Why did this happen (How did it get to this point)? – In 2012 I had an opportunity to buy out a portion of a game store. It was there in the basement of this old store that I had the opportunity to purchase a number of Jurassic Park carts i.e. 120ish. I said, “why not, that could be fun”. I posted the haul on NintendoAge, and goodness, did things escalate quick. Soon I had 200, then 250, and now right around 300. I traded people for them, did some auctions where members bid using jurassic park games as currency, and some kind guys and gals even donated to the cause.

Why sell them now? – There is no reason per say as to why sell them now. I have had a lot of fun with them, and this is an opportunity for me to share the fun I’ve had. It’s also an opportunity for me to possibly pass the torch so another can share the fun and maybe add to it. If any soul dares that is!

Jurassic Park Games up close

This isn’t the first time Jurassic Park has been represented on eBay.  Remember last year the R/V from The Lost World: Jurassic Park was put up on eBay for $15k.

{reddit}

Categories
electronic news internet science

eBay Passwords

Last week eBay detected an attack on their databases and issued an email to all users to reset their account passwords.  That’s fine and excellent customer service.  One thing that is a clear leftover from when eBay was founded (19 years ago) is the password requirements:

  • 6 – 20 Characters
  • at least 2 numbers, letters or select special characters

It’s significantly out of date.

I know I will probably start a polarizing discussion on this (if anyone even reads it that is), but these are my thoughts on passwords:

I like the 2nd requirement, it’s the first one that bothers me the most.

A strong 20 character password is very hard to make and remember.  Almost all of my passwords are sentences of various length and characters, but almost all of them are over 20 characters.  I take xkcd’s way to make a memorable password:

xkcd strong password

I know I’m grossly over simplifying the whole password cracking part, but generally, longer is better.  Every extra character helps.  So naturally a random sentence is easier to remember, and harder to crack then something forced to be 20 characters with a number and special character thrown in because of your arbitrary constraints.  It took me more time then I care to admit trying to reset my password because of those settings, (made even harder by the fact that their reset password field doesn’t tell you things are the same).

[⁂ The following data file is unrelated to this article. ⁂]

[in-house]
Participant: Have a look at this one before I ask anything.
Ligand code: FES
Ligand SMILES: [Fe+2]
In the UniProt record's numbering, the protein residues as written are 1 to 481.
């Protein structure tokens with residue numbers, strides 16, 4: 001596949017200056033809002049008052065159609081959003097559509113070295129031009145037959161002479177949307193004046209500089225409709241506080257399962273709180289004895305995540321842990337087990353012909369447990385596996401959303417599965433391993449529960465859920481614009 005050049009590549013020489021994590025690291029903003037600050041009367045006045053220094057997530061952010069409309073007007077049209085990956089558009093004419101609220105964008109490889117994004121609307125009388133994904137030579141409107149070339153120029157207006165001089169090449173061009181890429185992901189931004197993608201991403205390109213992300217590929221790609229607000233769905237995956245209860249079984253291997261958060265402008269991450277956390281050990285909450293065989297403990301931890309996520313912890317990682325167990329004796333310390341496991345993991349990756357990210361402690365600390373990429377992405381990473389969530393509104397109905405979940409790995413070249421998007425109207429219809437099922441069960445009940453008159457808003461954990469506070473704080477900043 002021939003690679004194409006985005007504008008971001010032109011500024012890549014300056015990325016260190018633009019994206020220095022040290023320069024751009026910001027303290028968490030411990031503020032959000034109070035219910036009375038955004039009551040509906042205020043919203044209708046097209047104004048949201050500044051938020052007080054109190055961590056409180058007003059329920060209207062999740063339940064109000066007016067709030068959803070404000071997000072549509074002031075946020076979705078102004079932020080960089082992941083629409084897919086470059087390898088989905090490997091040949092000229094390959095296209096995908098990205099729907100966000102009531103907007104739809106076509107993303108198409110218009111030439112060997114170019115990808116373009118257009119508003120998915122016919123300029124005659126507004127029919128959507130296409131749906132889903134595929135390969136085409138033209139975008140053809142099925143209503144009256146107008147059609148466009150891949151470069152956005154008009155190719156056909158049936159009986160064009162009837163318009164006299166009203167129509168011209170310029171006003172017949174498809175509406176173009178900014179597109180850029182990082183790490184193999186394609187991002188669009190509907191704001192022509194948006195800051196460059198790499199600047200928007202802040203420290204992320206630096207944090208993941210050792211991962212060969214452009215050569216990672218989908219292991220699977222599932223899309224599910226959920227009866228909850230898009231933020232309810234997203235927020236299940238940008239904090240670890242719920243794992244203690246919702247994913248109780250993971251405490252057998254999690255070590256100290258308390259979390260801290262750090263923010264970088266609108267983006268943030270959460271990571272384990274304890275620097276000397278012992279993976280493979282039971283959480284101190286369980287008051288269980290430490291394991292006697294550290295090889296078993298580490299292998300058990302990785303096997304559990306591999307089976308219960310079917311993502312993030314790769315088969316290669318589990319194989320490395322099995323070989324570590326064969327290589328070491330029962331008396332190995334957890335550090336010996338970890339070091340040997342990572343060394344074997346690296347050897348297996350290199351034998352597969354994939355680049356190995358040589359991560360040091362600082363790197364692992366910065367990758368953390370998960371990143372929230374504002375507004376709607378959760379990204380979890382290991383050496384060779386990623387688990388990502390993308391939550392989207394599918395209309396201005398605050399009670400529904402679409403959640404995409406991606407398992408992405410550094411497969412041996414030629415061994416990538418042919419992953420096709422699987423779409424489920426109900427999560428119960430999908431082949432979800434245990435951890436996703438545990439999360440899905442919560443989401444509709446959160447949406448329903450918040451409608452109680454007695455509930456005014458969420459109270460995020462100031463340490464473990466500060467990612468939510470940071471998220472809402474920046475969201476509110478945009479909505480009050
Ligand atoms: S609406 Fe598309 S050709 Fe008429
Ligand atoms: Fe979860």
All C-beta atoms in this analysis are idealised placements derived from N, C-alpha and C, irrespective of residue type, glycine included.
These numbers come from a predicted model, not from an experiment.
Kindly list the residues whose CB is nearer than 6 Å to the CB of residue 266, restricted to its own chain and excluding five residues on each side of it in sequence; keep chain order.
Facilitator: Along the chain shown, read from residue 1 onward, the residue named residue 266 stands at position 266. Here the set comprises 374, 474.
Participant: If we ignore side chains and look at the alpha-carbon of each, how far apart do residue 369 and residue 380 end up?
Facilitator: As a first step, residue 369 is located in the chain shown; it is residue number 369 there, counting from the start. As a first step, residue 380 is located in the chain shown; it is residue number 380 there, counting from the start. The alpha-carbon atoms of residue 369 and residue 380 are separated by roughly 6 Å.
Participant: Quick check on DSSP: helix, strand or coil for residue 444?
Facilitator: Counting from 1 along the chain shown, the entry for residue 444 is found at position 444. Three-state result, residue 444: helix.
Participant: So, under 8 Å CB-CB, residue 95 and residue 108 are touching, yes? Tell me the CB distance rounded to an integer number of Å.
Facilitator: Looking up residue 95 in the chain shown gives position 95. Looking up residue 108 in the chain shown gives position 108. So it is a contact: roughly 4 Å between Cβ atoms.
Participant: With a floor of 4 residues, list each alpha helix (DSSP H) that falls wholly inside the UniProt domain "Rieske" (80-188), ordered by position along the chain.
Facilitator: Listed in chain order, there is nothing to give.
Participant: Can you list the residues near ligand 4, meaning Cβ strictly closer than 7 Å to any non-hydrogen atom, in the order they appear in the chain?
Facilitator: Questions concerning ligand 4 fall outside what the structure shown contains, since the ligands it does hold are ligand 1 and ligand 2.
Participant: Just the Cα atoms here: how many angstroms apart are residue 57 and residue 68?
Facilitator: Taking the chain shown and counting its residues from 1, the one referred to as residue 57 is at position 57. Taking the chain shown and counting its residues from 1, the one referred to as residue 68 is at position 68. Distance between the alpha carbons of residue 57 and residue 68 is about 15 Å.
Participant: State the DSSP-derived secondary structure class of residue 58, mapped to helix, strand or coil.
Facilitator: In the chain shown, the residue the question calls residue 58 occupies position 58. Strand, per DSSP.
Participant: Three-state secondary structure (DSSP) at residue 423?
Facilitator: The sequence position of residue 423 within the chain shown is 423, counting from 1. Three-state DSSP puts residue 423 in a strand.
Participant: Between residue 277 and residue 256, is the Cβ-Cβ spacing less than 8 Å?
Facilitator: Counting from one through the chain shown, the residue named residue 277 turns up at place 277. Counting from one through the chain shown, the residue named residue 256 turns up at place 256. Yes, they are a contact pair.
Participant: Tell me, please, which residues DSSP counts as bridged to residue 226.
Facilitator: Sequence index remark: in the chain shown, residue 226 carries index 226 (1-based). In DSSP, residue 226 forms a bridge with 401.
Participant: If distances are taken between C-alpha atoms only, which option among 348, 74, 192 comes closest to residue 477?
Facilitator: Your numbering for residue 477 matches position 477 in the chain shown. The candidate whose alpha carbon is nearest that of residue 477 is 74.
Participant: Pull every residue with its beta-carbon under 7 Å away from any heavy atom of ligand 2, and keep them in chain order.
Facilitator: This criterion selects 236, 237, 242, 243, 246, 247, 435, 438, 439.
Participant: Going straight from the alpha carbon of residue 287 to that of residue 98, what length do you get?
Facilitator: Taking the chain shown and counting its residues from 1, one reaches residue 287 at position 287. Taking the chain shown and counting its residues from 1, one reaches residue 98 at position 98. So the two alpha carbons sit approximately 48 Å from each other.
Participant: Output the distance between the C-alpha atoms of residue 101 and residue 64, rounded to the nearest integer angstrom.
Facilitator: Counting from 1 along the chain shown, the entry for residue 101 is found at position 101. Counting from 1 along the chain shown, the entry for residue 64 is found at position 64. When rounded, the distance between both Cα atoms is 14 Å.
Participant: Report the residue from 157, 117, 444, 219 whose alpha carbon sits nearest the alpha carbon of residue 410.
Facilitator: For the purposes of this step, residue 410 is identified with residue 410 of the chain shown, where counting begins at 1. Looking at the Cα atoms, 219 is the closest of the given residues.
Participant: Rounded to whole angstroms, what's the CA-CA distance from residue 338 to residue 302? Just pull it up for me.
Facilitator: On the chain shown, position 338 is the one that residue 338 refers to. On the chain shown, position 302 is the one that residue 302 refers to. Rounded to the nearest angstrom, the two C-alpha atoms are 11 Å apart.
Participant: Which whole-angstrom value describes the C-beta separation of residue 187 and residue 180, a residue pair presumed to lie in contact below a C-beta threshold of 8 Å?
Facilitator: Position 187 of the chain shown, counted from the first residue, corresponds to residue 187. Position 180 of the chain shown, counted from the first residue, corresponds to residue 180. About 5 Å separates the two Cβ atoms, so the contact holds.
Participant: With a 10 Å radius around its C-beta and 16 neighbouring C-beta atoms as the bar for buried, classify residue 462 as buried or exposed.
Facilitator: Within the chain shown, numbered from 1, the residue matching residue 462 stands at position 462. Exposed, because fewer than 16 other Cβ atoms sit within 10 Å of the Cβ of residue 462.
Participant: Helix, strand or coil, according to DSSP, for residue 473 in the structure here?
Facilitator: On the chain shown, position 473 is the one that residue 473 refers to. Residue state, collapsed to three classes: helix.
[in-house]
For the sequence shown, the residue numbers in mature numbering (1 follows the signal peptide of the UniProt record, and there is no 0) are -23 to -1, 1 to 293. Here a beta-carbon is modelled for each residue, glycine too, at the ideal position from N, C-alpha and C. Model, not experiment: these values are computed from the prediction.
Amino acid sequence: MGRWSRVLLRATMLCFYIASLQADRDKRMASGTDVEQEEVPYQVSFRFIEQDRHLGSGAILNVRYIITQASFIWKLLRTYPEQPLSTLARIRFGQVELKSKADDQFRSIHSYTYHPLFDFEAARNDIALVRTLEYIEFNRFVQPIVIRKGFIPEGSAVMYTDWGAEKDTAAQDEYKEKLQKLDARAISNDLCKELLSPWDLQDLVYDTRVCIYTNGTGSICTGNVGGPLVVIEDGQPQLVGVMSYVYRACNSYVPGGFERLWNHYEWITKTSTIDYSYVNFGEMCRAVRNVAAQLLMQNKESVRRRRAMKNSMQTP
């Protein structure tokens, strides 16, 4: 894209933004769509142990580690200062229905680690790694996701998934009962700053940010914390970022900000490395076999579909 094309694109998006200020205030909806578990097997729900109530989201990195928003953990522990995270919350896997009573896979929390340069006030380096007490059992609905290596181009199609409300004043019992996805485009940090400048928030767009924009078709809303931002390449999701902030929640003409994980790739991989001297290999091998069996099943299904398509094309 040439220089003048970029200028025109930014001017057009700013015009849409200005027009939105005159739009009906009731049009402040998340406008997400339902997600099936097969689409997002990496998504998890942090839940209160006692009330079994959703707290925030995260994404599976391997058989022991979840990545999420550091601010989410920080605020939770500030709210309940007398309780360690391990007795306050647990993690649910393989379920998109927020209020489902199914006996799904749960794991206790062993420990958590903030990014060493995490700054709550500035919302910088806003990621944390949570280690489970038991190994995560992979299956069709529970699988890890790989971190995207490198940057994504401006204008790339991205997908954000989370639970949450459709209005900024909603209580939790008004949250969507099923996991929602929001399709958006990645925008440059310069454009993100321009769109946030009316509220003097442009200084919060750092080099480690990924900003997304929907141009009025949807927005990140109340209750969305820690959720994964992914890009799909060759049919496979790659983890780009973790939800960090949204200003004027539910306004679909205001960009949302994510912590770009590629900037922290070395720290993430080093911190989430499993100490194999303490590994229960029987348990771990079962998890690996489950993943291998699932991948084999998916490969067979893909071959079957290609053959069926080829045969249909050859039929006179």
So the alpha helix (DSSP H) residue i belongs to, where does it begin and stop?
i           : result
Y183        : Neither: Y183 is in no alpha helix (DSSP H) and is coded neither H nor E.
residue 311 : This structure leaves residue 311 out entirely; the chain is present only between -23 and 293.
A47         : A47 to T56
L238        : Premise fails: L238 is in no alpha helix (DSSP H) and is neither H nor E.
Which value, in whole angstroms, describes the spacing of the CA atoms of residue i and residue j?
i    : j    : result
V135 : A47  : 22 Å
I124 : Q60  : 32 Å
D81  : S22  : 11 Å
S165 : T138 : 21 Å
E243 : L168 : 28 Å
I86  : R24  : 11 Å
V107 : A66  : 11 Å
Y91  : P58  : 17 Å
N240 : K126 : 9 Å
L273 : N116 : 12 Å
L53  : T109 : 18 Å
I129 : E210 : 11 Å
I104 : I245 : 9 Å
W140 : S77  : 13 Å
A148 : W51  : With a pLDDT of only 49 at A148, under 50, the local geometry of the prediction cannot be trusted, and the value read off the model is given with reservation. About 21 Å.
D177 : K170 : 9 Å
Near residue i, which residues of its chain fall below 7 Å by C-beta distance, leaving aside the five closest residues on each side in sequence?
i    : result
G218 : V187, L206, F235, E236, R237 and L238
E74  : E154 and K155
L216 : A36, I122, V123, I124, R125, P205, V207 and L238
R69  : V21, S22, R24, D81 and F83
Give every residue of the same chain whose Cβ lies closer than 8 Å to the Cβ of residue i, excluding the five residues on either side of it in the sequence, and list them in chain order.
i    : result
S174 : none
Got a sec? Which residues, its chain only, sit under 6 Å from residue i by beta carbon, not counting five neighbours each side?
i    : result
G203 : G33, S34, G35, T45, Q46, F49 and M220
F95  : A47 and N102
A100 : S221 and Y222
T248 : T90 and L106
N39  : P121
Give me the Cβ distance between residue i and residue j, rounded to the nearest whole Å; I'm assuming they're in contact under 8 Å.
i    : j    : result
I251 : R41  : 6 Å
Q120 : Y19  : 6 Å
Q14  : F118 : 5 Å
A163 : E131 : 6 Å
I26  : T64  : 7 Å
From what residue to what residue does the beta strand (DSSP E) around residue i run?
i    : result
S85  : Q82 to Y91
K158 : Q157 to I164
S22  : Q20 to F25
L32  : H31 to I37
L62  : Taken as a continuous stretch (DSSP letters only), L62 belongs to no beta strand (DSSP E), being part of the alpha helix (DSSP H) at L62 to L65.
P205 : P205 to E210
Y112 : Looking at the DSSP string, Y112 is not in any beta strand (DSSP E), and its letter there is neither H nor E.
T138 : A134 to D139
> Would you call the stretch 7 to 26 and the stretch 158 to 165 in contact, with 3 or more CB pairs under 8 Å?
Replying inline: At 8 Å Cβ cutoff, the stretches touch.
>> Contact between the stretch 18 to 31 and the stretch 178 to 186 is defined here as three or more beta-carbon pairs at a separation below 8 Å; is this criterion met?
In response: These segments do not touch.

Granted, all of this is moot if the passwords are stored poorly, but I’ll give eBay the benefit of the doubt and assume that their passwords are properly hashed and salted, (hopefully with some Sea Salt at the very least).

 

Categories
photo science strange the greatest video

The Widest Lens in The World

fisheye

For the low, low price of $79,995.00 you can what is the widest lens ever produced (on the 35mm format), the Nikon 6mm 2.8.   This massive lens has a field of view of 220°.  For reference a human eye has almost 180°.  A standard portrait (taken at 55mm), usually has 76° field of view.  That means that the lens can see behind itself.  Let that sink in for a bit.

The lens was only ever a special order, and it’s original purpose was for scientific expeditions of Antarctica, so scientists could take pictures of the sky, and the horizon at the same time.  I wish they would digitize some of those

Here’s a video of the unboxing of one.  It’s not a true unboxing, because this lens hasn’t been made in 30 years, but the unboxing of a Fed-Ex delivery of one.  Still, it’s pretty amazing to see this next to a person.

And here’s another video of the lens actually in use, you can see that it can see behind you:

{Peta Pixel}